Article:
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Analysis of the situation of the Euphrates-Tigris-Shatt Al Arab river system and possible solutions of the devastation of the ecosystem.

Matija Kordić, Miloš Milanković

Vol. 42, 1 (2016), s. 83-84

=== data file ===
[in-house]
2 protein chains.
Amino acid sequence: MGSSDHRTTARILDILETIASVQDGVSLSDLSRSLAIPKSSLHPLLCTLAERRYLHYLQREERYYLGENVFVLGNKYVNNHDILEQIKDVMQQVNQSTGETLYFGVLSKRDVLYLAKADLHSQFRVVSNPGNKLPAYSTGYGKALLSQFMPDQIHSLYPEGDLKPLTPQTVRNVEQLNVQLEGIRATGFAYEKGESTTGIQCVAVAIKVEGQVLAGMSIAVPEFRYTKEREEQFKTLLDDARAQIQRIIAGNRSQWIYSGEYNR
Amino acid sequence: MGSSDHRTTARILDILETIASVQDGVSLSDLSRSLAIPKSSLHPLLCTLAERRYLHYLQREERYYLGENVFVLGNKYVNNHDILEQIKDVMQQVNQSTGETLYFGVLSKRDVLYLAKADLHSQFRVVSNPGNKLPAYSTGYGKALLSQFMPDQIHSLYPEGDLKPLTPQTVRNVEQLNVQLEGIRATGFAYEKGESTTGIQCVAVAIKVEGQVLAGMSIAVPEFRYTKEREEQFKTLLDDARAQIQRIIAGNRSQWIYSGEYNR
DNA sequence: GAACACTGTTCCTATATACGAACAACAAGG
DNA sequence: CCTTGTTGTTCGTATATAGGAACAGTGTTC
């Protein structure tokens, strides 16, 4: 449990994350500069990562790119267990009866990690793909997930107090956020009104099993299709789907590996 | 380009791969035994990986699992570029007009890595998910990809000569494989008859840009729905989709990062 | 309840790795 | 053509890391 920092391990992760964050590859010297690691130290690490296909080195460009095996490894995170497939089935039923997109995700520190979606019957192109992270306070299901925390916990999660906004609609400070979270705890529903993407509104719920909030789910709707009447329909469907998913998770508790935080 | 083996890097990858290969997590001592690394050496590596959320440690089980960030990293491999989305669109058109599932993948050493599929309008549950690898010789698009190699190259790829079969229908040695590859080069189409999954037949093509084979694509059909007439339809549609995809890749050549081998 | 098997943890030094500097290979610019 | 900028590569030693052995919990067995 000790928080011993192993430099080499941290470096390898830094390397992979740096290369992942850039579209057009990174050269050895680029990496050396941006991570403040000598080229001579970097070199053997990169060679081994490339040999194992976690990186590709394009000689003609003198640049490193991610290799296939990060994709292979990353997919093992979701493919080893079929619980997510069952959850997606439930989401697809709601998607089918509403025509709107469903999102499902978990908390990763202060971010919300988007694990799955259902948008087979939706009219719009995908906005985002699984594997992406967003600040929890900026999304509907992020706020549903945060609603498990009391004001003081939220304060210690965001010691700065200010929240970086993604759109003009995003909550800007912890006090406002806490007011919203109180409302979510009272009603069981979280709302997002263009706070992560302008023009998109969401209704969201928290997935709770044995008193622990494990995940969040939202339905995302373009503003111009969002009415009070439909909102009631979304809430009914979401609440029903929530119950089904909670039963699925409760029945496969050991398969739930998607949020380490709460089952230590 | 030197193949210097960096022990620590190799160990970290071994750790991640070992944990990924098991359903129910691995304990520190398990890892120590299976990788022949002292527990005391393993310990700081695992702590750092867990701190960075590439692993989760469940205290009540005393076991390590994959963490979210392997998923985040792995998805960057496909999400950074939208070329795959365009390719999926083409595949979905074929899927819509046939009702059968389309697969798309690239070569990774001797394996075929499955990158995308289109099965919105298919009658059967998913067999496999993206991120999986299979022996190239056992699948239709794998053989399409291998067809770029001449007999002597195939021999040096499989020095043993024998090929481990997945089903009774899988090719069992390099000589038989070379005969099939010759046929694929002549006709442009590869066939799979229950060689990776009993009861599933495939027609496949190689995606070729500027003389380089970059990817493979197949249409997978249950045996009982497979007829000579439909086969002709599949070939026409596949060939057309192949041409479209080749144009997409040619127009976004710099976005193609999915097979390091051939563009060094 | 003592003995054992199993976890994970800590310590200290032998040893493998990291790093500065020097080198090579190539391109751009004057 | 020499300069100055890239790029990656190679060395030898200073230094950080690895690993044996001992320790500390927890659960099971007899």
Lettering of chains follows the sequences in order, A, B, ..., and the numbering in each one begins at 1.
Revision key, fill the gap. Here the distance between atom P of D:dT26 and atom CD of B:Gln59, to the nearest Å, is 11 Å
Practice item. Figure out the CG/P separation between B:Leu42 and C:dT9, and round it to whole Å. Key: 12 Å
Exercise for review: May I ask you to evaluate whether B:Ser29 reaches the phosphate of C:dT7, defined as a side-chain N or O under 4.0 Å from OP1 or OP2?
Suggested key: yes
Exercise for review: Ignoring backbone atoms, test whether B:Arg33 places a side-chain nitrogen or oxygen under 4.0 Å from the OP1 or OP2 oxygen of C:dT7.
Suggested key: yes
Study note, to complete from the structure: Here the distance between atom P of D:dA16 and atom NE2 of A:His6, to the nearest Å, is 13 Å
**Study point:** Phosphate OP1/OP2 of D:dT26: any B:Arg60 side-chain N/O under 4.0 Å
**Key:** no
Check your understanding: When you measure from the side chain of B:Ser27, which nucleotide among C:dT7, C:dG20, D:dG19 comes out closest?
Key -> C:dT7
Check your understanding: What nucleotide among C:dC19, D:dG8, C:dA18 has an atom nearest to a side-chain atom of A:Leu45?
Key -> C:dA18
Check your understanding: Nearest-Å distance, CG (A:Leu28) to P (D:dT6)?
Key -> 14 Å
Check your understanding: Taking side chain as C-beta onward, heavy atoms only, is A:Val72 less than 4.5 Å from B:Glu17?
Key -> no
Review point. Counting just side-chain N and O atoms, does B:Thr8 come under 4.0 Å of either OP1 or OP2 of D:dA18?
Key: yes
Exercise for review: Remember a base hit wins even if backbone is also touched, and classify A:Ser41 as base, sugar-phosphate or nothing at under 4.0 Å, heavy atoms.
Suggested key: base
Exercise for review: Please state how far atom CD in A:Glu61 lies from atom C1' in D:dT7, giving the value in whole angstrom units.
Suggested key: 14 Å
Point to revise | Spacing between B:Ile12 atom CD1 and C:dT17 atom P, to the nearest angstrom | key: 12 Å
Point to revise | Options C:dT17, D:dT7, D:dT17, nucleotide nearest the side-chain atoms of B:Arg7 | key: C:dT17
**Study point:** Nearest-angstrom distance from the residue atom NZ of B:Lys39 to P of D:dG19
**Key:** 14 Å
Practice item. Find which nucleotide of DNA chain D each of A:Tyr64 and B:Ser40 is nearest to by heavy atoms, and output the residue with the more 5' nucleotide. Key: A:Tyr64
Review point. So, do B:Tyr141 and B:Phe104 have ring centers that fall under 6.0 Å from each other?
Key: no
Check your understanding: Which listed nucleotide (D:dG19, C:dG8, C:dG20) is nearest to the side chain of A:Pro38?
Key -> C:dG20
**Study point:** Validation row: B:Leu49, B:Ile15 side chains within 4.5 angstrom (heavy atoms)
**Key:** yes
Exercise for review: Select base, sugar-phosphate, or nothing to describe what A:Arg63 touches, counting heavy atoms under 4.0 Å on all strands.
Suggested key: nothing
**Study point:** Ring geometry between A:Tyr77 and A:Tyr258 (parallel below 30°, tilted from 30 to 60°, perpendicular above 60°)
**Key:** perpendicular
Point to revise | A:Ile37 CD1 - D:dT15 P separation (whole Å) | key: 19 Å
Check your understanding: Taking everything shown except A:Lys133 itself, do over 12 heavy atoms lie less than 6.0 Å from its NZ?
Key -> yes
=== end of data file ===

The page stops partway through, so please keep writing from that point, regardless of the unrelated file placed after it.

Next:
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International waters are the most problematic area of water management because there comes to a collision of rights between the riparians, and the most complicated is the problem of trans-boundary rivers (Stevanović 2011). The Euphrates-Tigris-Shatt Al Arab river system is the largest water resource in the Western Asia with a topographic catchment of more than 900,000 km² from the Taurus-Zagros Mountain Range to the Persian Gulf and is populated by around 54 million people. The riparians: Turkey, Syria and Iraq have different views on the resources of these rivers. Turkey doesn’t agree with the term “sharing waters”. They see it as inadequate. For them the Euphrates is a trans-boundary river that is under their sovereignty as long as it is within its territory. Iraq and Syria take it as an “international river” that should be treated as a shared entity. According to Turkey the Euphrates and Tigris form a single water basin, but Iraq and Syria consider them as two separate basins (UN-ESCWA and BGR, 2013). Turkey says that in order to reach an agreement on allocation, negotiations should include all available water resources, but Syria and Iraq disagree. At the 1997 UN Convention on the Law of Non-navigational Use of International Watercourses Turkey was the only Euphrates Basin country that voted against. If they had signed, that could give riparians a veto right over their development plans. In 1987 Damask and Ankara signed a protocol, which guaranteed 500 m³·s-¹ of flow volume in the Euphrates River to Syria, which was not respected during the filling of Ataturk Dam in 1990. In 1977 Turkey initiated the South-eastern Anatolia Project (GAP in original) to harness the water of the Tigris and the Euphrates for energy and agricultural production thus providing an economic boost to south-eastern Anatolia by creating 4 million new jobs. The flow of the river has been cut in half by 2010 on the border with Syria and by 2/3 for Iraq since the development of the GAP project. In Iraq this flow reduction is viewed as a national crisis that will have serious consequences (Issa et al. 2014). The project covers an area of 74,000 km² and is populated by around 7 million people. When completed, there will be 22 dams and 19 hydroelectric power plants on these rivers. The plan is to produce 27,367 GWh of hydroelectric energy per year and to double irrigable farmland to 1.8 million ha (UN-ESCWA & BGR 2013). Today almost half of GAP has been fulfilled. This led to an increase in salinity and serious changes of the ecosystem and river flow regime. These caused a discord between riparians, NGOs and activists worldwide. International experts think that GAP is going to consume more than 50% of the Euphrates and about 14% of the Tigris. To verify this view, two periods of monitoring were selected. The first period is from 1938–1974 and it represents the natural flow of the Euphrates River before the construction of the Keban Dam in Turkey and Lake Assad in Syria and the second is from 1974–1998 as the first phase of the evolving infrastructure on the Euphratesbasin. The average flow was measured in Jarablat (Syria) and for the first period is around 950 m³·s−¹ and for the second around 800 m³·s−¹ , than Hit (Iraq) decreased from 970 m³·s−¹ to 720 m³·s−¹ and Hindijah (Iraq) from 630 m³·s−¹ to 470 m³·s−¹ (UN-ESCWA & BGR 2013). We can see a pattern and a decrease in river flow volume by around 150 m³·s-¹. Of course, regulation of the Euphrates can protect downstream countries from floods and droughts. The effects of water pollution are mostly visible downstream in Syria because Turkey diverts water from the main course of the Euphrates at Lake Ataturk. The water goes through the Urfa tunnels to the Urfa-Harran agricultural area in the upper Jallab/Balikh and Khabour sub-basins. The return flows from irrigation are large in quantity but poor in quality and they enter Syria mostly through the Jallab River near Tell Abyad and enter the Euphrates through the Balikh River around 200 km from the Syrian-Turkey border. This shows us why the Euphrates water quality has remained almost unaffected by the agricultural development in Turkey on the Syrian-Turkey border. There should come to a conjoined look from the riparians on the rights of the ecosystem and the serious damage that is being done to it and the legal obligations of the riparians between themselves, for the sake of the greater good. This is extremely difficult especially now with the rising political problems between Turkey and Syria. International experts in all fields relevant to this problem should meet and discuss the matter, and enforce laws that will stick and solve the issue. The most important issue should be the environment but we should not look the other way for the needs of the riparians and their development too. So very important would be research and evaluation of the potential of all available resources and their combined usage. There should be a good monitoring network of the underground and surface waters and calculation of the regime, balance and reserves and the amounts of water that is needed by riparians, and determining the connection of overall water flow because of the circulation of pollution. Also, an assessment of geothermal potential of the area and its possible usage considering the North and East Anatolian Fault Zone should be made. For example, for the production of electricity solar or geothermal energy could be used, as well as the energy of the wind and the energy of biomass should be utilised, separately or concurrently. If there are underground waters available, a variety of methods could be used, such as “AGRONET” and drip irrigation technique to decrease the usage of surface waters and their pollution. Polluted waters could be used for energy production by constructing a hydroelectric power plant in the area where polluted waters are flowing and there could also be a water treatment plant erected. Polluted waters should be monitored and diverted into one watercourse, which should be controlled by a hydro-isolator securing the ground beneath and on the sides of this new course.